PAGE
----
I suppose saying that I occasionally use my finger nail to pack threads would be considered heresy and blasphemy?  (Mark Wendt)

    I took my wife's cuticle tool (not sure the actual name of it) but it has a softer rubber like end on one side and a hard flat plastic end on the other and it is about 5 inches long.  It's what women use when they are doing their fingernails.  Sorry for the vague description, but my point is you don't need to spend $40+ on an agate burnisher for packing threads when you may have a simple tool laying around the house that you can steal that will work just fine!  (Scott Bahn)

    I took a piece of cut off blank, sanded a 45 degree chisel point on it and polished it with some 600 grit paper followed with some 0000 steel wool. Custom! you can even inscribe your name on it if you want.  (Joe Arguello)

    I like to varnish my rods before the guides go on, let them dry, cut and repolish with Perfect It/Finesse It, and bind them on, finishing the wraps after the job is done,  This certainly has its problems with respect to getting nice smooth transitions between wrap and shaft, but it is the way I like to do it.

    The problem is that, since this is a "thread" on burnishers, when you do it that way, the silk digs in to the varnish, which, even to a small degree, makes it very difficult to pack and burnish.

    Any clues on this one?  (Peter McKean)

      I have done it that way without problem. Then too I have learned to ease up on the thread tension on my wraps.  (Timothy Troester)

      I don't seem to have that problem, but I use a dozen coats of Tru-Oil & it's probably not as thick  as even one coat of varnish.  (Neil Savage)

        Tru-Oil is great stuff. Very light on the tips. Not the best cosmetically, but for a rod for yourself it takes some beating.  Very hard wearing stuff.  (Gary Nicholson)

          If you want it to look better, use more coats, then rub out.  I polish with Meguires Scratch-X.    (Neil Savage)

      Let the varnish cure a bit longer?  That's what happened to me when I tried to varnish the blank first before wrapping.  I think Al Medved does it that way too.  I could never successfully get the thread to pack the way I wanted it to, so I went back to wrapping first, then varnishing the rod.  (Mark Wendt)

    Thanks very much to everyone for their posts on this thread; however, I may need a good lawyer soon.

    My wife Sarah's credit card has just disappeared. This is a big blow to her, since it is just before Christmas. She did find one tiny piece that seems to have been cut out of one end of her card. The little cutout section got carelessly left on my workbench ; strange !

    At the same time, someone has been messing with her make-up kit, stealing her cuticle sticks. This person also left a big glob of epoxy on the cutting board in the kitchen. If all that wasn't bad enough, someone also unraveled one of her silk stockings, thinking the thread would match an old Montague rod wrap he was redoing. I suggested if she just unraveled the other stocking the same amount, they would still match.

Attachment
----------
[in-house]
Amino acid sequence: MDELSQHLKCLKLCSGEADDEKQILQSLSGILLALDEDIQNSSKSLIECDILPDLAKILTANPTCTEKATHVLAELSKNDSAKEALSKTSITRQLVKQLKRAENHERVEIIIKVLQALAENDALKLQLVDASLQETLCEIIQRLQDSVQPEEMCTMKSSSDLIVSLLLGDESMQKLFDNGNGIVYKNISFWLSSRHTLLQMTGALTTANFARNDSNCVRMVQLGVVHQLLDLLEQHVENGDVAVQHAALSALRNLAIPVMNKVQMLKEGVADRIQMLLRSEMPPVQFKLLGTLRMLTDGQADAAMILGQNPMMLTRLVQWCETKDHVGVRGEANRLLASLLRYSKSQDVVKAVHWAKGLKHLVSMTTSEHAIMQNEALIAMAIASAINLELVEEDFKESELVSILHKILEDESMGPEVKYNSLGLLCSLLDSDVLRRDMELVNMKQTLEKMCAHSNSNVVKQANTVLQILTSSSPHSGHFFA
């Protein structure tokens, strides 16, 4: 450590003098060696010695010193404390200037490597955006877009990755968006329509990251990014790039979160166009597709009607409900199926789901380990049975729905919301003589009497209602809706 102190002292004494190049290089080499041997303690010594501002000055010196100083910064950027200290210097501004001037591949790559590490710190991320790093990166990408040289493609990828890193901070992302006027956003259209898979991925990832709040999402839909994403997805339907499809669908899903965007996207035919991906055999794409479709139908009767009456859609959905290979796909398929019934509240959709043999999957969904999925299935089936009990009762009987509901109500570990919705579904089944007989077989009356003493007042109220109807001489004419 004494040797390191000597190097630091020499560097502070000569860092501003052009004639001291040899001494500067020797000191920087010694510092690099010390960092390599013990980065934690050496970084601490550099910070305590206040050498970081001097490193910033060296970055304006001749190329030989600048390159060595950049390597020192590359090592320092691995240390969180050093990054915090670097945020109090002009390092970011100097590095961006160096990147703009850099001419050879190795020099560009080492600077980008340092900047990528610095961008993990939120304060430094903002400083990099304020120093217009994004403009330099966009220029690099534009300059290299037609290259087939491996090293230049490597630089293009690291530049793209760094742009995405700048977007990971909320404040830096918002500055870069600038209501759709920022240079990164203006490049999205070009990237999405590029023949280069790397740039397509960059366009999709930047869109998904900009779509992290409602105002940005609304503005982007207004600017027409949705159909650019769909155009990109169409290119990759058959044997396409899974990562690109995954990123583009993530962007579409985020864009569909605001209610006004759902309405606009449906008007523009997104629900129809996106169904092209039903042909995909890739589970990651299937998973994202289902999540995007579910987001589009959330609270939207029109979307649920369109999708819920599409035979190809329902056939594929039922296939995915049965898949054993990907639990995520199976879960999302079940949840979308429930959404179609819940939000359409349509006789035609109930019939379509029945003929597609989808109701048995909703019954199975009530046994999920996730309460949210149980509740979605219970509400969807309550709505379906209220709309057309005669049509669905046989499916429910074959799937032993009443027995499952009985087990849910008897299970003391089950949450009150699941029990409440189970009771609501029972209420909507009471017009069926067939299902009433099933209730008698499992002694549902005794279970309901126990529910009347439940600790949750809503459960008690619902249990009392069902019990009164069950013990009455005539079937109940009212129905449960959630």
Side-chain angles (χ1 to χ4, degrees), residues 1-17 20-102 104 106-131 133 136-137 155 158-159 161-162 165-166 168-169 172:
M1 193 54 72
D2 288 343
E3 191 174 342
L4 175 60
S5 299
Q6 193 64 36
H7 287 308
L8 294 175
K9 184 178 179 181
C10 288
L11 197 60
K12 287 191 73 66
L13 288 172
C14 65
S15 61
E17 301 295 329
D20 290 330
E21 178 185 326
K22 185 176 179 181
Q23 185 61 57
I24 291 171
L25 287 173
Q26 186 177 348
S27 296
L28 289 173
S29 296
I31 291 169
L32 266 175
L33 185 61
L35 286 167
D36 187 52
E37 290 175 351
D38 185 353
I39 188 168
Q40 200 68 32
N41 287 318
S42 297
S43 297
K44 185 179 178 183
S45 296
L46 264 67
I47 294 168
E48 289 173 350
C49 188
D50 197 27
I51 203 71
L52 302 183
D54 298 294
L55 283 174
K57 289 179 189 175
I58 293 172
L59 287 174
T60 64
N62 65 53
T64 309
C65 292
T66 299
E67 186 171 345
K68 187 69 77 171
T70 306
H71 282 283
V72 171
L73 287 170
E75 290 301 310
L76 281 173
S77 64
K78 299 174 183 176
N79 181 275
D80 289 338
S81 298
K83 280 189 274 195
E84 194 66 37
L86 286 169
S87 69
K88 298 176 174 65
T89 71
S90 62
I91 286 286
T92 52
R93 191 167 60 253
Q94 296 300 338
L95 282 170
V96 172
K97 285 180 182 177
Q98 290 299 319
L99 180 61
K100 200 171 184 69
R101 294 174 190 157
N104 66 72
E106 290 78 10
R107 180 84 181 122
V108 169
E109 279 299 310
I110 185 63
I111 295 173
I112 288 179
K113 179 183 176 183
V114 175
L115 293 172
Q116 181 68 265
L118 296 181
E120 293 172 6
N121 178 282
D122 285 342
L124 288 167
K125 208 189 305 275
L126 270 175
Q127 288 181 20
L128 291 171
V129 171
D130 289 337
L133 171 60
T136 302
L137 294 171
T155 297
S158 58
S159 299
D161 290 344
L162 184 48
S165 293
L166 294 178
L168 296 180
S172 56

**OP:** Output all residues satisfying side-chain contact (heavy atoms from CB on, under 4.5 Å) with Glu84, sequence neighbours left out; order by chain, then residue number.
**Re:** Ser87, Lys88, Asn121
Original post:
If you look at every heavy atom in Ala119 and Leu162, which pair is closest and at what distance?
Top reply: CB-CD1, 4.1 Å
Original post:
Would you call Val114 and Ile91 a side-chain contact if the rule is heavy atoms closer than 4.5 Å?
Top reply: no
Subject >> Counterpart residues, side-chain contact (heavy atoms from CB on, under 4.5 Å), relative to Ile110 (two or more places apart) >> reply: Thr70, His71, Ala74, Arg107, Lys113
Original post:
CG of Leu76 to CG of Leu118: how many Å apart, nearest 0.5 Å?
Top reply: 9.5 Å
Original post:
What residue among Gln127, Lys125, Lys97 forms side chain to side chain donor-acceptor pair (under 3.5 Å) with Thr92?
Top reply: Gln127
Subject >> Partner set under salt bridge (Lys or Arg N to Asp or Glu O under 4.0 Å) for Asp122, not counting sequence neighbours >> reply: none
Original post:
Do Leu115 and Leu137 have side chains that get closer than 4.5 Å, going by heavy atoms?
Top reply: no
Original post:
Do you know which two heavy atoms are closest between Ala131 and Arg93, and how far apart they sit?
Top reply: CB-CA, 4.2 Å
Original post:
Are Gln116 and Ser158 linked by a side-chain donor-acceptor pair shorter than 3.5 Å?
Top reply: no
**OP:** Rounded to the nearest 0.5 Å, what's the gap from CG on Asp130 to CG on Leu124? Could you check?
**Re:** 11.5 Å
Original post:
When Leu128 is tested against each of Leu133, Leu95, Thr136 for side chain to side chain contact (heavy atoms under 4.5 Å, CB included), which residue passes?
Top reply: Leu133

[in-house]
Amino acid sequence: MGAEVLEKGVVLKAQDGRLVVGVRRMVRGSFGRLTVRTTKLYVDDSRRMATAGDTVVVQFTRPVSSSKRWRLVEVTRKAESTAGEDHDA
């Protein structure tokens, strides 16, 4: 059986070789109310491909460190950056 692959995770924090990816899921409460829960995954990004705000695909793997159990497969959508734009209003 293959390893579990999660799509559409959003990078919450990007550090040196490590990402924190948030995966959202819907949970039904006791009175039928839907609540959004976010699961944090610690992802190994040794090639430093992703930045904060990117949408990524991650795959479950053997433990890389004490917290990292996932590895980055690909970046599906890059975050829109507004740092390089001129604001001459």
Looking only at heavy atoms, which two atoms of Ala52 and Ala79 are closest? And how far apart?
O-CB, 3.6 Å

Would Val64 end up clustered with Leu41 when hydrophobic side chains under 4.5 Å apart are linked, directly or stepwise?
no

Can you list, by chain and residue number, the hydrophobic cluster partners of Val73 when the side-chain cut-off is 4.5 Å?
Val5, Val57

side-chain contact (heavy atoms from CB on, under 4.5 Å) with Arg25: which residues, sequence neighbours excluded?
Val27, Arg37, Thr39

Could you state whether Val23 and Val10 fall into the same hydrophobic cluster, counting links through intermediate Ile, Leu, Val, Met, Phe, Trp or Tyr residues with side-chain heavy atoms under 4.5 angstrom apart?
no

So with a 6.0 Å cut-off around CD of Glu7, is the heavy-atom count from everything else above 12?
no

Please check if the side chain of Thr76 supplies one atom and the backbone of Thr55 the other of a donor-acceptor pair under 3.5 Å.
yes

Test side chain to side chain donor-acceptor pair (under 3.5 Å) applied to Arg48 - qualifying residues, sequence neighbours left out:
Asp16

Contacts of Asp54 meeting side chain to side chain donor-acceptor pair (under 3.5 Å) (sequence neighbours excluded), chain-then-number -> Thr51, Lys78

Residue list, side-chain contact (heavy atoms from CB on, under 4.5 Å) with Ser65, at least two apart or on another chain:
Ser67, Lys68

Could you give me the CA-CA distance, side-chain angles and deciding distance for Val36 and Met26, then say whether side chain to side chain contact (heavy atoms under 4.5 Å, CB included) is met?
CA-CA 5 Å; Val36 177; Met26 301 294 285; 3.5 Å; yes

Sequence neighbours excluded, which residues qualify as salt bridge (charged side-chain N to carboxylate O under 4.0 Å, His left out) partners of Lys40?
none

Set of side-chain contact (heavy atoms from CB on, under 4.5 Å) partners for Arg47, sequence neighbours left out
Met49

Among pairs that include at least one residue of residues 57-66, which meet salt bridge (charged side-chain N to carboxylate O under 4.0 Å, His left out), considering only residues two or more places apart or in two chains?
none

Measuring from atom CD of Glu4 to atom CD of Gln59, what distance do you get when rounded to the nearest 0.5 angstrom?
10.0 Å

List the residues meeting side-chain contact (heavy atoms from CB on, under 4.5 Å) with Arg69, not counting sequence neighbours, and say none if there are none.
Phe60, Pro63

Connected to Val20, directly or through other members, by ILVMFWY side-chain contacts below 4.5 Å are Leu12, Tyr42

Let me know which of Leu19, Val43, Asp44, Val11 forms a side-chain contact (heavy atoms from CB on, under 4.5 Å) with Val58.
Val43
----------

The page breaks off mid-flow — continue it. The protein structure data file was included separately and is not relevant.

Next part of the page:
When I told Sarah she could use some of my "Tru-Oil"  on her cracked dry nails, she didn't take too kindly to that idea either, even after I told her that Peter in Tasmania said the finish would be tough as nails!

    Well, I sure am enjoying this rodmaking hobby and hope those good suggestions about burnishing threads were also of use to others.

    Only a few days left until Christmas, so guess I'd better run and scrape that epoxy off the cutting board!  (George Deagle)

      Not only does it cut down on your wife’s spending, you can use that extra  money  you  have  accumulated  to  buy more tools for yourself. ;>)

      Merry Christmas, hope the epoxy comes off but if not, a new one might be a nice present for the wife.  (Gary Jones)

Rule

Why burnish?  If you manage to get the wraps nice and snug with your fingernail or other tool (not that I can do that consistently, but assuming I can),  does burnishing  actually accomplish anything?  In my experience it just makes gaps where they weren't before. Maybe I need a Faberge agate burnisher instead of the cap from a Bic pen.  (Frank Stetzer, Hexrod, Taper Archive, Rodmakers Archive)

    Generally, I agree with you.  However, if you're real careful when you burnish, you tend to flatten the threads which gives a more uniform appearance to the wrap, less cord-like.  Is it that noticeable? Not from a distance of more than a foot.  (Al Baldauski)

    Faberge????

    I'm waiting for Frank Popeil to come out with a combination dessert fork, vibrating toenail clipper, adjustable wrench.  Now that's what I want!!!!  (Ren Monllor)

    I burnish mostly to flatten the wraps, especially where the tag ends have been tucked under the wrap.  (Mark Wendt)

    I can't remember who posted it on this list, but I have just started wetting my finished wraps with water and allowing them to shrink as they dry. You don't need to use much tension and the wraps are looking as smoother and more uniform as I've ever been able to do.   (Doug Easton)